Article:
Putting the law aside, compensating interns comes with other benefits that add value to a company. With paid intern listings, firms will likely attract more qualified intern candidates. In fact, paid internship postings attract 2.5 times the number of applicants2, which allow employers greater selectivity in choosing the best candidate for the position. Studies have shown that simply paying a minimum hourly wage in fields like marketing, communications, and public relations can attract the top 25% of students, while paying $12 or more per hour can attract the top 5% of students.3 And finding the best candidate could really pay off—Nathan Parcells, co-founder of InternMatch, estimates that hiring the right intern could add $50,000 to your company.4

Receive Long-Term Value: Higher Worker Retention Rates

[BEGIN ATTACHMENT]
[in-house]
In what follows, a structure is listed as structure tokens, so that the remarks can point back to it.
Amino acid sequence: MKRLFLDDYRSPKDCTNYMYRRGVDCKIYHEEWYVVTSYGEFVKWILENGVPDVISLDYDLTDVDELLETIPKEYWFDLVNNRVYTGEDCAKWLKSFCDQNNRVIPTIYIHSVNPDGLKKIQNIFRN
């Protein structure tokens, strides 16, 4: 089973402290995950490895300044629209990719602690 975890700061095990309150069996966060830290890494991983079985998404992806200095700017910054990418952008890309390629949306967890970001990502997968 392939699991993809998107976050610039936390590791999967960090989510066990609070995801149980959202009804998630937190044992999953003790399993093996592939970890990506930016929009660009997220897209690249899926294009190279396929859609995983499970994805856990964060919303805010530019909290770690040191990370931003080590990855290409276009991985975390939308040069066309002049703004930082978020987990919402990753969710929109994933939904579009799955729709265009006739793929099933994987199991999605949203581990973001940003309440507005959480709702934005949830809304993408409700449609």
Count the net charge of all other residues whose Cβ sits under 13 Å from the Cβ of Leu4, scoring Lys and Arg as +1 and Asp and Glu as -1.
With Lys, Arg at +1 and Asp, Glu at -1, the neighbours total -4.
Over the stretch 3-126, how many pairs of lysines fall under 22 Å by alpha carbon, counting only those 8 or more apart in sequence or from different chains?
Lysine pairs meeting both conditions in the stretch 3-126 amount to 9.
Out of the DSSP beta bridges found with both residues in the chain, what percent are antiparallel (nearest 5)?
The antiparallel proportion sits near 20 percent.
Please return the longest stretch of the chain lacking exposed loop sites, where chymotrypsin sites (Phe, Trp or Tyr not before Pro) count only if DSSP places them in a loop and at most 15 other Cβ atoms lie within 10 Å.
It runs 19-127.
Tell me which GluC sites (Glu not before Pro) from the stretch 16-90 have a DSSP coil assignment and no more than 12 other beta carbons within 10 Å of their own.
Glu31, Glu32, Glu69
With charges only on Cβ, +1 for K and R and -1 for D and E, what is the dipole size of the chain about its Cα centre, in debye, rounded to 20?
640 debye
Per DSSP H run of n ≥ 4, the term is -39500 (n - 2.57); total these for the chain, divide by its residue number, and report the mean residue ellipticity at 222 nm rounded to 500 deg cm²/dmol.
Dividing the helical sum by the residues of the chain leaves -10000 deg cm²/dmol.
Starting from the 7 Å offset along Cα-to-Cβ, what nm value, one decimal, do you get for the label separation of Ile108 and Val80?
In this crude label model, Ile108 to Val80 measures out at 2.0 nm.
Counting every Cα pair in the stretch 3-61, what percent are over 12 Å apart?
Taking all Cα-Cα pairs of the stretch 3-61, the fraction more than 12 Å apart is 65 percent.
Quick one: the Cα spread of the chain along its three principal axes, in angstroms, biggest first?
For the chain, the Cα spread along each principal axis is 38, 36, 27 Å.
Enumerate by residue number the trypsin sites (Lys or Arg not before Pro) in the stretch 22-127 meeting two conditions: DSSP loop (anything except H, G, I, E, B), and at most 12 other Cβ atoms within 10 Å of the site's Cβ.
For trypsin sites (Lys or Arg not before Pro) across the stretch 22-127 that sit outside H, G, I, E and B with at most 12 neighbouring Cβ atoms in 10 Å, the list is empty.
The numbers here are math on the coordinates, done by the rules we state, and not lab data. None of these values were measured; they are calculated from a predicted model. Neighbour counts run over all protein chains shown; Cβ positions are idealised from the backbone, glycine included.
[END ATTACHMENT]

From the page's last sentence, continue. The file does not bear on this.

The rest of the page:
Along with receiving short term value from hiring the most qualified and capable interns, companies with paid internships have a significantly higher chance of retaining their interns as future employees. A study by the National Association of Colleges and Employers found that almost 40% of employers reported a higher five-year retention rate among employees they hired from their paid internship programs.5 Moreover, according to Management Review, employers save $15,000 in training, hiring, and turnover costs for each employee they hire from their intern pool.6

Paying minimum wage for a typical 10-week full-time intern costs employers around $3,000. This is a modest amount when compared to the potential costs of expensive litigation, and the value the company could receive by retaining more qualified workers. In any event, perhaps the most significant reason for companies to offer paid internships is that, if the interns are paid a wage, they can perform any work the employer needs, including work that benefits only their employer.

Work Cited